Dublin post-grunge outfit Glassgears’ debut EP ‘The Right Side’ is a confusing beast. The three-track EP only really contains two songs, with Sefton Drive merely acting as an atmospheric voice-over segue between the EP’s opening title track and the EP’s closing track Joshua Thorne. It instantly begs the question, why did Glassgears decide to release an EP when they clearly do not possess enough quality material to warrant recording one?
Whilst it’s hard not to admire their gumption, Glassgears have done themselves no favours in choosing to release ‘The Right Side’ EP when they simply could have released their best track Joshua Thorne as a single instead, a decision that clearly would have served them better in the long run.
This decision becomes even more mystifying when you consider that filler track Sefton Drive is actually superior to one of the two real songs on the EP. The Right Side begins well enough with atmospheric guitar combining well with the rhythm section, but once the chorus arrives Rachel McDermott’s vocals turn shrill and struggle to cope with both the demands of the song and the bombast of the band, leaving the whole song in demo-tinged mess.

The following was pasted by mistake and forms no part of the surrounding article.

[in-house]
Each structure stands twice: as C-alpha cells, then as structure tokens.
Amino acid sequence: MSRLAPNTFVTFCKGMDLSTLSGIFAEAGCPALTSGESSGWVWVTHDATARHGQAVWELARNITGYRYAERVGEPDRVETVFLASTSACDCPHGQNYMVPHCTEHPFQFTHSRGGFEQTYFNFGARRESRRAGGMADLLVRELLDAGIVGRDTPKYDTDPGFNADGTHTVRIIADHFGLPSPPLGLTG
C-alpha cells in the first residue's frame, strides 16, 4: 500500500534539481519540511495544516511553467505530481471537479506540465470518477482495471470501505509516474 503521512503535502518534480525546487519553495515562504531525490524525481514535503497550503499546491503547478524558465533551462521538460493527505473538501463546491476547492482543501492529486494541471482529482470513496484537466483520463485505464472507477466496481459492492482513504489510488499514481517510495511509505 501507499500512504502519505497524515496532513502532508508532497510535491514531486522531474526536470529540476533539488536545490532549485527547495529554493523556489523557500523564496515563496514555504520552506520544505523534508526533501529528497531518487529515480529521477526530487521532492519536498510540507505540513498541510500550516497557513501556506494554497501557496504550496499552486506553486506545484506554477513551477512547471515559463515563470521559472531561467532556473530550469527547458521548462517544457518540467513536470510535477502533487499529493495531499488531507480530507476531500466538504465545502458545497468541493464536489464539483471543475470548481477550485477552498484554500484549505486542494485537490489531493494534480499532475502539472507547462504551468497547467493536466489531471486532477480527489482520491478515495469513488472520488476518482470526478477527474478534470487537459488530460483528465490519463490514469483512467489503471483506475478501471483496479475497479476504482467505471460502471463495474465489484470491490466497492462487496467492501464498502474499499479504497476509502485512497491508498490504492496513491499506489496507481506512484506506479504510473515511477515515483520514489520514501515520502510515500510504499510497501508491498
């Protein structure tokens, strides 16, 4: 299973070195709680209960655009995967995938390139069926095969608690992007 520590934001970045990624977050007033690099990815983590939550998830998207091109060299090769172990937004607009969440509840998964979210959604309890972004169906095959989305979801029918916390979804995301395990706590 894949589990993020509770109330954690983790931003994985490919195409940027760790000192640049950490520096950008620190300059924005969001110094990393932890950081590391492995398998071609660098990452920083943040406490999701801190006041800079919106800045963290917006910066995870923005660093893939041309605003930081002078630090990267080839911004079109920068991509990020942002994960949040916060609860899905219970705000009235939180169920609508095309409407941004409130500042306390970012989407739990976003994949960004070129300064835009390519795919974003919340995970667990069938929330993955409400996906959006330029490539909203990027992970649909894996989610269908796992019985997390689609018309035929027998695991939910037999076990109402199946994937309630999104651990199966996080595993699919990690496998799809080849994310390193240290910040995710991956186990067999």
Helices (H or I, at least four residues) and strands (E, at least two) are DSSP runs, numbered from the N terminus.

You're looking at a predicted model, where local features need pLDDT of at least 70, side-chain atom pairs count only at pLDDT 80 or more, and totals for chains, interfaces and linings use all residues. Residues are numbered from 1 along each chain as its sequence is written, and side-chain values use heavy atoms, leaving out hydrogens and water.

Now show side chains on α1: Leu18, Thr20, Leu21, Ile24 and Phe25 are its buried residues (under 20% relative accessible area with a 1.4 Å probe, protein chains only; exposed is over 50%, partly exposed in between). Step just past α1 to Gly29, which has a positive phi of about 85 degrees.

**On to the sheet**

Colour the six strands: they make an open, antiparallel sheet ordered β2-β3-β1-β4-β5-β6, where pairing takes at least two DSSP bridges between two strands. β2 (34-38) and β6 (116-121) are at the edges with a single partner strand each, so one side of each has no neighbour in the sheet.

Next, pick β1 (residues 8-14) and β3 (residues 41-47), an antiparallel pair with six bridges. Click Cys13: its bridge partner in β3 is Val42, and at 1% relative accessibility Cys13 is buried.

Thankfully, McDermott fairs much better on the EP’s standout track Joshua Thorne, delivering a much more accomplished vocal performance, and the track feels far more robust than its predecessor as a result.
‘The Right Side’ EP is a case of much too much, much too soon for Glassgears. Whilst they can clearly play their instruments, they need to focus on their song writing, drop the gimmicks and ensure their next EP release has more than one decent turn on it. They also need to find a producer who will push them to strive for better results. If they don’t they will fall quicker than this EP’s cover star.